The American dream.
"It's the belief that no matter where you come from, that you can be better than the generation before. That you have a way of moving up and making your life better than it was for your parents," Financial Professional Dereck Blair said.
However, according to a new study, 63 percent of Americans believe this dream is dying.
"I don't think it's dying, but I do think it's changing," Blair said.
Blair said aspriations have evolved.
"Back for our parents, owning a home was the true American dream," Blair said.
Things are different now for most Americans.
"They just want financial independence," Blair said.
Blair reccommends focussing on three key areas to achieve that financial security.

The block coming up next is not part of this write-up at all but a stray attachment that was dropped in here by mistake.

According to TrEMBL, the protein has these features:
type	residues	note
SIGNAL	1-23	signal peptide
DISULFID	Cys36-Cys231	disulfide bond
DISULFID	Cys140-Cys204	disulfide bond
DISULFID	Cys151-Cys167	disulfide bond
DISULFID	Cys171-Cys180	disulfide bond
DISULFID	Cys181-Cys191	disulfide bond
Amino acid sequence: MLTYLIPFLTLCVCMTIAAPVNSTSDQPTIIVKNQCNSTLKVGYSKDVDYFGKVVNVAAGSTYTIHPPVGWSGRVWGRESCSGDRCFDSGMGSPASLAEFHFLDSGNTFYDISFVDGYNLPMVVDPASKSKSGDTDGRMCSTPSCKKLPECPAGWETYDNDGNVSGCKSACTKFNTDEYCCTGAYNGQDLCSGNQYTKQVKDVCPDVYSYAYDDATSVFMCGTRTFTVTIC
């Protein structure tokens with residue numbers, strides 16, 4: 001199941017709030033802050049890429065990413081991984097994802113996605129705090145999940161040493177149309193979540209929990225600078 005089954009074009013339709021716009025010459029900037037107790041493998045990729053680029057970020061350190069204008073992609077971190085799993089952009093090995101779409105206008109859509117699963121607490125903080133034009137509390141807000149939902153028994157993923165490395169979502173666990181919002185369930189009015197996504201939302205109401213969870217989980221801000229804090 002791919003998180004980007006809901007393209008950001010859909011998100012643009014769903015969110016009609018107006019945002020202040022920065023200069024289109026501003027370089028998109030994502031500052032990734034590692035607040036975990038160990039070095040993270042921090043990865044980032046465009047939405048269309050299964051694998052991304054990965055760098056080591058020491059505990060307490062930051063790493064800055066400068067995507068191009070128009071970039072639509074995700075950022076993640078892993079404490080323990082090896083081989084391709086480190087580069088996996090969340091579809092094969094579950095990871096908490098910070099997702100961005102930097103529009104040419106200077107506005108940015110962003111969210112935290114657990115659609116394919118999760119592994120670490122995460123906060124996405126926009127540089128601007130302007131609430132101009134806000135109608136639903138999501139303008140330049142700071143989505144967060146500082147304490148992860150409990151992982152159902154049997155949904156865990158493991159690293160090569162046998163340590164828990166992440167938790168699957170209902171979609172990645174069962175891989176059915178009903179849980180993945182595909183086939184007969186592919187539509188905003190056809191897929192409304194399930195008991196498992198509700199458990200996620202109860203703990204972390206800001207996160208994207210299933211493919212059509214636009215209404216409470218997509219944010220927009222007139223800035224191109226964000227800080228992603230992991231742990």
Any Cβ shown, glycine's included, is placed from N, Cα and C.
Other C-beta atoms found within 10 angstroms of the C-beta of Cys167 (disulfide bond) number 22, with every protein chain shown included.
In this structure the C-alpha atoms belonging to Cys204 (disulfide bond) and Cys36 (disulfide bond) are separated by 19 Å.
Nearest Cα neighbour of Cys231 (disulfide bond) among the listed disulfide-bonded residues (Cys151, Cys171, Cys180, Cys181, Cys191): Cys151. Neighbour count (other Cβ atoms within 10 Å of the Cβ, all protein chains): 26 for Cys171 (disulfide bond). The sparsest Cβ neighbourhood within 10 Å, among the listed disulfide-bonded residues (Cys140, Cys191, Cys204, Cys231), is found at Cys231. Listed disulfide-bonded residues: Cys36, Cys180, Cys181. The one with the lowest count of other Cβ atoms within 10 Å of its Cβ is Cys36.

Number one: ditch the debt.
"Debt just drags us down. They spend more than they have. They spend everything on plastic and think they can pay it off later. Pay your highest interest debt card off first and go from there," Blair said.
Number two: save for retirement.
"We are living longer than ever before. We have to be prepared to live 20 to 30 years into retirement," Blair said.
Blair notes a huge mistake is dipping into your 401k to send kids to college.
"That's a mistake because all you're doing is taking money out of your pocket, where your kids are going to have to make up for you later on when you do retire," Blair said.
Number three: student loans.
Blair's reminder: a college degree isn't the right financial choice for everyone.
"With the way the oil and gas industry is now, it's not always a bad thing to look for a vocation. Diesel mechanics, you can make six figures being a truck driver with a CDL," Blair said.
One study found the rate of return for a bachelor's degree is about 15 percent. That's easily a sound investment, but only borrow what you absolutely need.